10 Viejas. His interest in historical ar
Viejas. His interest in historical archaeology includes complimentary lines of evidence of varied types and spatial scales. These include analysis of archaeological ceramic an d faunal assemblages related to domestic foodways and GIS analysis of remote sensing, survey and excavation data to reveal tactical, engineering and ritual patterning of cultural landscapes. T h om as C. Windes . He received his MA from the University of New Mexico. He is an expert in tree - ring dating and has been conducting major archaeological investigations in the southwest for almost half a century. His significant accomplishments have been recognized by the Archaeological Society of New Mexico. 9 Field Guide to Sapawe Sapawe is located on New Mexico State Lands. The site is approximately two miles from El Rito. It has been described as the largest Pueblo adobe communal house in the American Southwest. It consists of at least seven separate plazas spread over approximately 30 acres. Preliminary inventories identify 218 excavated rooms and 13 excavated kivas , but estimates suggest at least 1,820 ground floor rooms and 23 kivas. Sapawe appears to have been built hastily and might represent the blendin g of many groups coming together. Dating of Sap

11 awe’s occupation is controversial. So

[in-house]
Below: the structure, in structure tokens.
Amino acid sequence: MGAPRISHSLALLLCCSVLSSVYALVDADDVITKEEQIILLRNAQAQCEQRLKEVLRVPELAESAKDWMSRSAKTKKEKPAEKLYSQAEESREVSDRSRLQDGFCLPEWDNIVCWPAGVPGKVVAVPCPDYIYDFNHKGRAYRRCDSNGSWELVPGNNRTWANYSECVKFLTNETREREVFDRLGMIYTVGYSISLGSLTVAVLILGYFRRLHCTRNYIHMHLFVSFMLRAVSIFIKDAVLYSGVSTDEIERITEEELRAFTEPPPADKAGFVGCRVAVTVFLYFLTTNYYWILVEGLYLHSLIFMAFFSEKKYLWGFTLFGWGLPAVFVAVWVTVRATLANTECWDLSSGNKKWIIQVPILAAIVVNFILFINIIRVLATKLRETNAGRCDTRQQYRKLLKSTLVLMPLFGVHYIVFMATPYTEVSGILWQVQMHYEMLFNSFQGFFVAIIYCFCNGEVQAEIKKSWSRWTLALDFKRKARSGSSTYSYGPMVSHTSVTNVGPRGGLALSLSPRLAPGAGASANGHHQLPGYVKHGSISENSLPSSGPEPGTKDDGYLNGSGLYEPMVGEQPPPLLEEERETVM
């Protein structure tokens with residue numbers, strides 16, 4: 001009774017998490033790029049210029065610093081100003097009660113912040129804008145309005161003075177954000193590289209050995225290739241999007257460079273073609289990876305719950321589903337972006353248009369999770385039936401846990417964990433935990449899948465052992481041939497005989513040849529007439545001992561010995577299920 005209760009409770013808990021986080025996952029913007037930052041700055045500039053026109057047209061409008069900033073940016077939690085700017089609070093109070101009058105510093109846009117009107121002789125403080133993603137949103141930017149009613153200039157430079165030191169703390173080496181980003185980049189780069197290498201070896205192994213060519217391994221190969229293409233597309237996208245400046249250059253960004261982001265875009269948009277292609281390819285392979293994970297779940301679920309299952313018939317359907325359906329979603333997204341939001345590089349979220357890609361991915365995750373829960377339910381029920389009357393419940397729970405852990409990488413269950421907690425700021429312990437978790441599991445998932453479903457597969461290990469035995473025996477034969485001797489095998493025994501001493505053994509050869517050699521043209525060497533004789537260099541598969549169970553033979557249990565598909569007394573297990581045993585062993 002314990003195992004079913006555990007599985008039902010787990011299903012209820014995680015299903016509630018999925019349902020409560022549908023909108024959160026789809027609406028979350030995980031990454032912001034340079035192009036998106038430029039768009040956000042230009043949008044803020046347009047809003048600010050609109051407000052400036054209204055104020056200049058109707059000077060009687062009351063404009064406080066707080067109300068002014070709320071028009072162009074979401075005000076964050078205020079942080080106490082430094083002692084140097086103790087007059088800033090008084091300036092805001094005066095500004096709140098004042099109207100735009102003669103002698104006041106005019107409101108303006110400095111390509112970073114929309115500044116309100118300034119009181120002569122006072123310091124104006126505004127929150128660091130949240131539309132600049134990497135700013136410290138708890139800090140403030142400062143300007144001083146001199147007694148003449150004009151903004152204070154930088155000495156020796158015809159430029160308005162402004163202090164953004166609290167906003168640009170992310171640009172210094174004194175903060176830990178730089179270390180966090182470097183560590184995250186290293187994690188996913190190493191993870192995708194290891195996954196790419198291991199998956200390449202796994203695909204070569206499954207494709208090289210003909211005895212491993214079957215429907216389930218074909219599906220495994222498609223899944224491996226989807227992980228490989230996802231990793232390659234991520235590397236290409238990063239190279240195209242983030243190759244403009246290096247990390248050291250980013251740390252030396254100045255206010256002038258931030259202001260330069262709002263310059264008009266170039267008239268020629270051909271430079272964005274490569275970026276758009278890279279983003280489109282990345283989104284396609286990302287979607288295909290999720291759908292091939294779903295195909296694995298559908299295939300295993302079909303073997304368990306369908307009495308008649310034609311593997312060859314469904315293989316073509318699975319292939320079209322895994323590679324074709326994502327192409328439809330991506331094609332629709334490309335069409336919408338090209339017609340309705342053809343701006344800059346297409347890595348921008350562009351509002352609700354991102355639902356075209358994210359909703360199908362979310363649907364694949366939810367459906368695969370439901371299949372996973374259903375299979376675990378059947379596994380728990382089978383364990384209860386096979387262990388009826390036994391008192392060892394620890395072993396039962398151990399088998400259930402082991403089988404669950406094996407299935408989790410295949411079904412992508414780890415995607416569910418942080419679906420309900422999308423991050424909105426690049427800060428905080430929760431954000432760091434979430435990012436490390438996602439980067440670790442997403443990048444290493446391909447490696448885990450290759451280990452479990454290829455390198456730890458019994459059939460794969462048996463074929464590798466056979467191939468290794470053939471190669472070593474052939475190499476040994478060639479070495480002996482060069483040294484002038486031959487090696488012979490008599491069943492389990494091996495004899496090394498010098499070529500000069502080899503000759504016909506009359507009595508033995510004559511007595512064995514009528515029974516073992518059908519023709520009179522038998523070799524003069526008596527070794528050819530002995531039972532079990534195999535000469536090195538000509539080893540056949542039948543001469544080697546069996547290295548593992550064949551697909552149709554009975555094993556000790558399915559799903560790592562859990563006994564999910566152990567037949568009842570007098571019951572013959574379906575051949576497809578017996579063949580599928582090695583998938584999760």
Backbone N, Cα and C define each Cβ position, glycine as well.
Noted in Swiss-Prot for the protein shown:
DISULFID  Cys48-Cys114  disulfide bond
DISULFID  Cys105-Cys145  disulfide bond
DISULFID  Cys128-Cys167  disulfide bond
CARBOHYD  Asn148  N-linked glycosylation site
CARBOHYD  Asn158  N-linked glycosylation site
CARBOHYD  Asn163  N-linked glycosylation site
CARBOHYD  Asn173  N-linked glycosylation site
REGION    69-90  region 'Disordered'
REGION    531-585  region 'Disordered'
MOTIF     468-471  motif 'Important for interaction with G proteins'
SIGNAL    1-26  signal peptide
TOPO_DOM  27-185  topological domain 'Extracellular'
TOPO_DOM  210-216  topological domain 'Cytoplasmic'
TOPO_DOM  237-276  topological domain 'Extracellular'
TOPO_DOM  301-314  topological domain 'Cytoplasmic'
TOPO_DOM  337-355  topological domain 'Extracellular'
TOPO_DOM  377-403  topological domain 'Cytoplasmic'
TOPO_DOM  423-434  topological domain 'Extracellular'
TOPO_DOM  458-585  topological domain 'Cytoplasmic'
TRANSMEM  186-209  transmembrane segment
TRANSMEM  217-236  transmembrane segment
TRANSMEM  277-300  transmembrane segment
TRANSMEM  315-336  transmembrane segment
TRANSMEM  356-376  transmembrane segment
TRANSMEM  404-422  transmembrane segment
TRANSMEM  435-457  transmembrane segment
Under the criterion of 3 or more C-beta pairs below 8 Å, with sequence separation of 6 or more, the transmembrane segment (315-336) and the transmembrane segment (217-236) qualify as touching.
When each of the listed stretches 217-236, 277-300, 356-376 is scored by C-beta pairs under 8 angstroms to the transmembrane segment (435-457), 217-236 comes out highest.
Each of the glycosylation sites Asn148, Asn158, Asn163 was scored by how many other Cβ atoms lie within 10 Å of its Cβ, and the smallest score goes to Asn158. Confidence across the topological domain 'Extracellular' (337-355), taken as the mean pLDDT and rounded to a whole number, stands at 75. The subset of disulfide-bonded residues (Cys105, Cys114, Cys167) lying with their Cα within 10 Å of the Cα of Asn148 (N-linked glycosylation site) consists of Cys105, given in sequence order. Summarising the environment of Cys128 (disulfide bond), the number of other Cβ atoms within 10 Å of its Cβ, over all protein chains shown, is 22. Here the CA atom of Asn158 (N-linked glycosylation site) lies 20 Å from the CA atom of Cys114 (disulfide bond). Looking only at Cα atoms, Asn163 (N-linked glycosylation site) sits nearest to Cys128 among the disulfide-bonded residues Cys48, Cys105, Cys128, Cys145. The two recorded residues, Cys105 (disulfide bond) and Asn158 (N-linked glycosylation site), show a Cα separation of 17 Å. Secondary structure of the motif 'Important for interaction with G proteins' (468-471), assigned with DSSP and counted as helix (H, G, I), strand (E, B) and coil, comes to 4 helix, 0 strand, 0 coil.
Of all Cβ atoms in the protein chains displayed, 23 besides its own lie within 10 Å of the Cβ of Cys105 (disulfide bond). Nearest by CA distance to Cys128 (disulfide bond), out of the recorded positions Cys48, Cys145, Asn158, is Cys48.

awe’s occupation is controversial. Some archaeologists postulate a range from about A.D. 1325 to 1650. Others believe that occupation was much shorter – from A.D. 1490 to 1525. Excavations in the 1960s yield ed masses of cultural material . More than 50 human burials, flutes and whistles made of bone , ceramic vessels and pipes, projectile points, axes , manos and metates , ritual items like lightning stones, kiva bells and others were recovered . Information com es from Thomas C. Windes and Peter J. McKenna, 2018 “A Reconnaissance of the Arc h a eology of Sapawe, an Ancestral Tewa Village in the Rio Chama Valley, Northern New Mexico,” T w o Gentlemen of Chaco: Papers in Honor of Thomas C. Windes and Peter J. McKenna, ed. by Emily J. Brown, Carol J. Condie, and Marc Thompson, pp. 219 - 236. Plan of Sapawe -- Windes and McKenna (2018), p. 223. 10 Field Trip Guidelines Keep in mind the “leave - no - trace seven principles” listed below when participating in visits to signifi cant archaeological sites. We request that you pay particular attention to principle # 4. The sites you are visiting hold very important scientific information that can be easily lost. You can look at pot sherds and other physic